Horseshoe Falls

Fri. 12 May: Llangollen: a pleasant walk beside the canal to the recently-restored chain bridge at Berwyn, and the Horseshoe Falls on the Dee. On my first visit here, over 40 years ago, the falls came as a disappointment. After seeing down through the trees to the rushing waters of the Dee, tumbling over the rocky river bed, we came to the curving weir. “Is that it?”. It’s there to provide a feed for the canal, which flows like a clear stream down to Llangollen, and it’s well worth a visit, whatever its origin.

Why did we do it? See previous post “Future Steam

View OS map on Streetmap http://www.streetmap.co.uk/map.srf?X=320446&Y=342859&A=Y&Z=120

Unknown hills

Can we find somewhere that will be quiet? With a clear blue sky and pleasantly-warm temperatures, the better-known destinations will be busy. But it’s quiet here. Really quiet! We’ve driven along the minor road between Llangunllo and Llanbadarn Fynydd, and parked at Moelfre City (which consists of two or three isolated farms). We’ve eaten our lunch, and walked back down the road for about a mile before taking the track into the hills. And we’ve seen no-one. Not a soul – until the chap turned up with a mower as we passed Cwmllechwedd Fawr. After that – no-one else, until we’ve completed the walk and driven homewards for several miles.

It’s quiet, not silent. We can hear larks (ascending, as they do), and occasional buzzards, and the odd sheep (aren’t they all?) makes its presence known, but that’s about it (there are one or two red kites too, never close enough for the camera). There’s a new wind farm up here, at Garreg Lywd, just beyond the point where we turn back. If we listen carefully, we can just about hear the swish of the blades of the nearest turbine as they turn gracefully against the blue sky.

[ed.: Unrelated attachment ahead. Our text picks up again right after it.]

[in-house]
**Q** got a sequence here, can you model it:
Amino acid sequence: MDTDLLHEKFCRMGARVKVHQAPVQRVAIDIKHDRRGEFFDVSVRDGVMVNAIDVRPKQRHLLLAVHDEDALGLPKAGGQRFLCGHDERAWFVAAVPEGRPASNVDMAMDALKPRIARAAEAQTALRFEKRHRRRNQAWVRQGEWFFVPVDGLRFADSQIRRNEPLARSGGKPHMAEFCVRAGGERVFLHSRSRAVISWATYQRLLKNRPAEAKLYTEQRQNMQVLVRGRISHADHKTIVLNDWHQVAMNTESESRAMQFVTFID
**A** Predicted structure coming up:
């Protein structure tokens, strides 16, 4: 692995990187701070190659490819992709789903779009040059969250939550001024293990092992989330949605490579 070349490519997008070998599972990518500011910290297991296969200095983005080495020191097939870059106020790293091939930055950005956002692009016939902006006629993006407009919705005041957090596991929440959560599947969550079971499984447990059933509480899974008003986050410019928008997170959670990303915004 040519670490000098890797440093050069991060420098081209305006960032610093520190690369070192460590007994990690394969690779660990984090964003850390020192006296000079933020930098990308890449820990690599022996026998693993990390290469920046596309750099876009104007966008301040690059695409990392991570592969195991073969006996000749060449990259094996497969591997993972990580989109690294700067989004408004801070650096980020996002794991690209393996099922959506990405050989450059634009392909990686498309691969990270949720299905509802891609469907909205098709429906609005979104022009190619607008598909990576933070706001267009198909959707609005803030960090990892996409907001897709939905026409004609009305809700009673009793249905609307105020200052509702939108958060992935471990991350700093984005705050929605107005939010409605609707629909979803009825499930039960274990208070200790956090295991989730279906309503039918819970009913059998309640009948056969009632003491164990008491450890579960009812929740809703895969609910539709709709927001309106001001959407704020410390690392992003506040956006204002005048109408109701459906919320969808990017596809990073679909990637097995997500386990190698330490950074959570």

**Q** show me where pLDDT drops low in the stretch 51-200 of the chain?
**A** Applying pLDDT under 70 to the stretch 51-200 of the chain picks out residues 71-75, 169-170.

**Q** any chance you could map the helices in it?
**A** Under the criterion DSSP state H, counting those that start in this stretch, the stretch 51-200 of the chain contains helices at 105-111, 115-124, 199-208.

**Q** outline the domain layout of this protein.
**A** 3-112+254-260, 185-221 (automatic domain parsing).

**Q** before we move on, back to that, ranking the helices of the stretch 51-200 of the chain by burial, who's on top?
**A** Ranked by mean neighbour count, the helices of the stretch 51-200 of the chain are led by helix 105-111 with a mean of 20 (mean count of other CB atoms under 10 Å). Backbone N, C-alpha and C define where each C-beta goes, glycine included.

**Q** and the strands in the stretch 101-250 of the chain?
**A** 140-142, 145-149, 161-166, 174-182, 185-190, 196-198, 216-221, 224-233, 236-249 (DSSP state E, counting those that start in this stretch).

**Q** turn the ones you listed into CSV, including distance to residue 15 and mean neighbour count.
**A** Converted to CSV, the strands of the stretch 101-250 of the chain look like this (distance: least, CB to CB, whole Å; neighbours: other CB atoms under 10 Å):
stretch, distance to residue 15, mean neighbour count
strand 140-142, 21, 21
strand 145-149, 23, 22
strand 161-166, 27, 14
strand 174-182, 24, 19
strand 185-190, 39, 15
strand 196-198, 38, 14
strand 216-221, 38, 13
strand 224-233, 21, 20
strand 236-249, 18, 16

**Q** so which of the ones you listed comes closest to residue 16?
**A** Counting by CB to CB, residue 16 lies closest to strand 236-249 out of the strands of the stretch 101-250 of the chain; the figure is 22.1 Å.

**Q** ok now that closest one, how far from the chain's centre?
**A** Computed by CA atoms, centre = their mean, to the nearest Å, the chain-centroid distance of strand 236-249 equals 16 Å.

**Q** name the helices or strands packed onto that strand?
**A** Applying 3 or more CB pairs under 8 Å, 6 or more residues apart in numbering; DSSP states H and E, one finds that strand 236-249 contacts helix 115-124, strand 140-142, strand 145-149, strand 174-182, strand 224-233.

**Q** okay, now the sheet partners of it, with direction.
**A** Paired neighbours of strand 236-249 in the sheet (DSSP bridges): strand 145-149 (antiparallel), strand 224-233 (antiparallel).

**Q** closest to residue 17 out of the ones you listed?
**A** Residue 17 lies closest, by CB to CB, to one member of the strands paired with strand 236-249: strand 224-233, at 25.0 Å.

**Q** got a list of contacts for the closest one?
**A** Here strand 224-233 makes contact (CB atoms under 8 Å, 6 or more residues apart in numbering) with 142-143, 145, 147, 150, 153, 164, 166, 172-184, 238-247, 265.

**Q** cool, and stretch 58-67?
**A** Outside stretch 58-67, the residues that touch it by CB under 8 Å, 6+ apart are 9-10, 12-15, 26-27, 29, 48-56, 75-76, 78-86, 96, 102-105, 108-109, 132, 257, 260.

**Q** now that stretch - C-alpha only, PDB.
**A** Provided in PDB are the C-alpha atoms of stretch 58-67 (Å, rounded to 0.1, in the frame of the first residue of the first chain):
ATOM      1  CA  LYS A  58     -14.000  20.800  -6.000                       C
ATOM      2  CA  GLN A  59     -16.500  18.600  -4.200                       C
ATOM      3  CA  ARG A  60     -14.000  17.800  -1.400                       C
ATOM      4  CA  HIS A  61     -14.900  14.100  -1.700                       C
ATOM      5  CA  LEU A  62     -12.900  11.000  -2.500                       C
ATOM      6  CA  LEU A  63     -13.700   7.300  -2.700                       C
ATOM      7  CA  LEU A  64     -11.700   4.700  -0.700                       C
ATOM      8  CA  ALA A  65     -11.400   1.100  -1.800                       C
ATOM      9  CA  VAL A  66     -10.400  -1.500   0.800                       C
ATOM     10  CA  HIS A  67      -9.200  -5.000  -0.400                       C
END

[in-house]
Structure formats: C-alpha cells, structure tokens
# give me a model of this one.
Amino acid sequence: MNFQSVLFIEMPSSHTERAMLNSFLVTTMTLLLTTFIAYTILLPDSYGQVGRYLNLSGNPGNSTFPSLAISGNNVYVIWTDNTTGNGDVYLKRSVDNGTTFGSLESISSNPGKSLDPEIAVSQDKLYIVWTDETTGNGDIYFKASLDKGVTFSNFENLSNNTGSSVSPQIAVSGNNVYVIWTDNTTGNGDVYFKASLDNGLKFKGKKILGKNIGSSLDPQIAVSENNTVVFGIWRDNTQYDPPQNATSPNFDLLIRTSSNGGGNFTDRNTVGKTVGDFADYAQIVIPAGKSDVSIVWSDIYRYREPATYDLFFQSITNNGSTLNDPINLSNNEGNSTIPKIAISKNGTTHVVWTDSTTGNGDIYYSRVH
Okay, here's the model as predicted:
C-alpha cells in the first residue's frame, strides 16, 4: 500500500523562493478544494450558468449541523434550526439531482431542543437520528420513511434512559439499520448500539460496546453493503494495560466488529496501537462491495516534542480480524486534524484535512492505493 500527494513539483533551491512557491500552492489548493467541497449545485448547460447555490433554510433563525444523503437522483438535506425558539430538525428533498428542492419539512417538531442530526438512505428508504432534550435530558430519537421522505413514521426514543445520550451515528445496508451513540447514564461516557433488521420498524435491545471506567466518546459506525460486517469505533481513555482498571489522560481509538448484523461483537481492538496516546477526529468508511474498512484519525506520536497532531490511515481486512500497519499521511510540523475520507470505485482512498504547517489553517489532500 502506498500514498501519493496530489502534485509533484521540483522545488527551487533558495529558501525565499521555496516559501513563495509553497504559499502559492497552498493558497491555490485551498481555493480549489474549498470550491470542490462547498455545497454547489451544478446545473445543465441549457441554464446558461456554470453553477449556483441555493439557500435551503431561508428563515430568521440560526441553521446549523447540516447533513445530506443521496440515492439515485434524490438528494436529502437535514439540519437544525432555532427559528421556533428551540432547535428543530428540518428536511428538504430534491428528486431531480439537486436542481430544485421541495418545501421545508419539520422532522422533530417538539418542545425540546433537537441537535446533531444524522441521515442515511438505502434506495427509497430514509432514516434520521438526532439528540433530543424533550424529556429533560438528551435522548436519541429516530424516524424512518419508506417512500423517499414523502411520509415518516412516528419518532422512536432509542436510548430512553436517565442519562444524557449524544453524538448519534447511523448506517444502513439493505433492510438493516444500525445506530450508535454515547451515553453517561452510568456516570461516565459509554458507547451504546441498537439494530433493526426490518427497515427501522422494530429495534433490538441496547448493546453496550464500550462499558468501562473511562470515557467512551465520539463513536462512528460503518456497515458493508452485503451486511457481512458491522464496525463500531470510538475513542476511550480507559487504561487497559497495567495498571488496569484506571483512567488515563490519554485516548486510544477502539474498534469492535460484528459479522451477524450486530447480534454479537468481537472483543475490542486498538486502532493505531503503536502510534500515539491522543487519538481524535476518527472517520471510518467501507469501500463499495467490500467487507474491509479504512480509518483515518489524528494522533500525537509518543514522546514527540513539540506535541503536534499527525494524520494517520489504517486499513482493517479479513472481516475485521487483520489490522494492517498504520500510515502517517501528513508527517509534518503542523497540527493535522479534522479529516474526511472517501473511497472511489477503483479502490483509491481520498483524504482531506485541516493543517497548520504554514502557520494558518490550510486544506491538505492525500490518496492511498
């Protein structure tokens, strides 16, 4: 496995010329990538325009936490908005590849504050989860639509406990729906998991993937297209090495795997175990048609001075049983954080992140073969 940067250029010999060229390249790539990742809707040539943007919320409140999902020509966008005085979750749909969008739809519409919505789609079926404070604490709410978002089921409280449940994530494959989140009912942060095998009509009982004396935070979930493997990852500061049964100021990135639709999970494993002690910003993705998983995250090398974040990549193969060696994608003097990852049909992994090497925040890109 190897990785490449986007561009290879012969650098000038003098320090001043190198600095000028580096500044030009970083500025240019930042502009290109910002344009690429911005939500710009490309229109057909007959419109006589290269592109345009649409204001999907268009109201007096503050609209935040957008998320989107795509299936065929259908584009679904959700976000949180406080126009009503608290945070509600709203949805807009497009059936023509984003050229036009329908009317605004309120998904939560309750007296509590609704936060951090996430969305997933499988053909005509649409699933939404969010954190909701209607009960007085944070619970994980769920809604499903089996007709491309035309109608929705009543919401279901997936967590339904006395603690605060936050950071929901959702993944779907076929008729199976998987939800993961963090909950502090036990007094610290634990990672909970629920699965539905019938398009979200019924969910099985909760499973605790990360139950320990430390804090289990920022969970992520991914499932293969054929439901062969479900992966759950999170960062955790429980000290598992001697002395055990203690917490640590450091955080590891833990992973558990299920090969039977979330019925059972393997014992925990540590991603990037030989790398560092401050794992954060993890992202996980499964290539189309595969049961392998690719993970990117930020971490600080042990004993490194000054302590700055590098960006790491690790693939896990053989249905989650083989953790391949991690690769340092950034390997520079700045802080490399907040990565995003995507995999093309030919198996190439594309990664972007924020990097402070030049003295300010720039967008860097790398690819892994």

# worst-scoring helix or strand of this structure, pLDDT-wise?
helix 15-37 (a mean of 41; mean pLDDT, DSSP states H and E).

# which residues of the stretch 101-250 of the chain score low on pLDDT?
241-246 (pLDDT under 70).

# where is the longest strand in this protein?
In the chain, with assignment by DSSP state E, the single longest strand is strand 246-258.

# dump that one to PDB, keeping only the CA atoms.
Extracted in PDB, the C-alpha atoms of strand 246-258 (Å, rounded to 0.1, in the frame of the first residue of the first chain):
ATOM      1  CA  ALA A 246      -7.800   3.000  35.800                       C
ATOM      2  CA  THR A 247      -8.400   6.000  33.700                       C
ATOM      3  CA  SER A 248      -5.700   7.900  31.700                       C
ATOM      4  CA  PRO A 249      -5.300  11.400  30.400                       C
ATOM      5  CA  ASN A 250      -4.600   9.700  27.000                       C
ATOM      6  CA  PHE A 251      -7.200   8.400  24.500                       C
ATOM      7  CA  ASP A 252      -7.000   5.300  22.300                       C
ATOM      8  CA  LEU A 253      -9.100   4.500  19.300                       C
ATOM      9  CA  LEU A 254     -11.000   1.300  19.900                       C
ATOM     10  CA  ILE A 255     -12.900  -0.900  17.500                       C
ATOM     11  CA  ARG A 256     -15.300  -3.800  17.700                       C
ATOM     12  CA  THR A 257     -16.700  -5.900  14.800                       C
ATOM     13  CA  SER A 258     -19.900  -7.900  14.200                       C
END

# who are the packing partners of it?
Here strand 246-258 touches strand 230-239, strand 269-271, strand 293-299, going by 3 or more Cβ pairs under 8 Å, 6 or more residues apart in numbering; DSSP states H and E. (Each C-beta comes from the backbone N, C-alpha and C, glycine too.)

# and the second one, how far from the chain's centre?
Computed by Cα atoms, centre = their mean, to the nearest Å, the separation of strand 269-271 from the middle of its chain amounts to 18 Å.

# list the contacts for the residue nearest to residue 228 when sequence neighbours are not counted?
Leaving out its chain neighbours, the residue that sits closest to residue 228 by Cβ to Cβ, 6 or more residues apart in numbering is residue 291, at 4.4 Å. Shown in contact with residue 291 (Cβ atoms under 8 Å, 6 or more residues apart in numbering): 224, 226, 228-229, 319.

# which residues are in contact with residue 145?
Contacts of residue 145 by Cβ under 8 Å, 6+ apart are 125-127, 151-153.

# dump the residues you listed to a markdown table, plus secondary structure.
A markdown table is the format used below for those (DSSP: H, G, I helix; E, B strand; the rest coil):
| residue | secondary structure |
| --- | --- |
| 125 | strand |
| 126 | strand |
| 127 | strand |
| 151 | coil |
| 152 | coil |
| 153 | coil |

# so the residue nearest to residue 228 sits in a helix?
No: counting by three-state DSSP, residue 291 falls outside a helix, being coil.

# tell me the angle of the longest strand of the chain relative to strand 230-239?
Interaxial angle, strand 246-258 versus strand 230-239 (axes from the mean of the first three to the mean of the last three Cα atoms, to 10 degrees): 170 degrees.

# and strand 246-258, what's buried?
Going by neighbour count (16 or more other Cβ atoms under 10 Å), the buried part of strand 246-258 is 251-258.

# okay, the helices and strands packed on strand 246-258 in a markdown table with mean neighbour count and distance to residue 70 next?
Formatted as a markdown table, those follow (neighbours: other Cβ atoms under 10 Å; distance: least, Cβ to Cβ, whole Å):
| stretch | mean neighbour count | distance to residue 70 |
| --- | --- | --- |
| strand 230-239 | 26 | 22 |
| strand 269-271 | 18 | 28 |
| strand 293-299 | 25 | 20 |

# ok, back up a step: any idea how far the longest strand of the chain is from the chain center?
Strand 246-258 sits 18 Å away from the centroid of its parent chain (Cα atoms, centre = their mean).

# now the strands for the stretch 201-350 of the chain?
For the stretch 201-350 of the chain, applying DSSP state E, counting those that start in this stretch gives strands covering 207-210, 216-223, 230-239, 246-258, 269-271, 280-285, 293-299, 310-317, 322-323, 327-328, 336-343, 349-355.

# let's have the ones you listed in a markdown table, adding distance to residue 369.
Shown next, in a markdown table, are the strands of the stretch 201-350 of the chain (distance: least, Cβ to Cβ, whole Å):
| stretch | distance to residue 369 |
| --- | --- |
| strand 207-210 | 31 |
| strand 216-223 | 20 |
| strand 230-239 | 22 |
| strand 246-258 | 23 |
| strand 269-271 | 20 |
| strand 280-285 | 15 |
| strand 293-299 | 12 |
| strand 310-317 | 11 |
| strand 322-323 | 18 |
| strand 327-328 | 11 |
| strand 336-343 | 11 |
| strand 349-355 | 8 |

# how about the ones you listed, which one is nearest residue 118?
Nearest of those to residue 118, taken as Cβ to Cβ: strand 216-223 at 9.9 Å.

Our walk is taking us around the watershed of the Dildre brook. We pass the highest points of Tylcau, Newhouse and Warren hills on the outward walk, turn at Cae-glas Hill, and head back to the City via Tynybryniau Hill, Gors Lydan and Moelfre Hill. Gors Lydan is the highest point, at 528m (that’s 1,736′), but none of these hills have summits, in the sense of places worth visiting. I suspect the number of visitors they receive each year is in single figures – they’re unknown hills, and all the better for that on a day like today.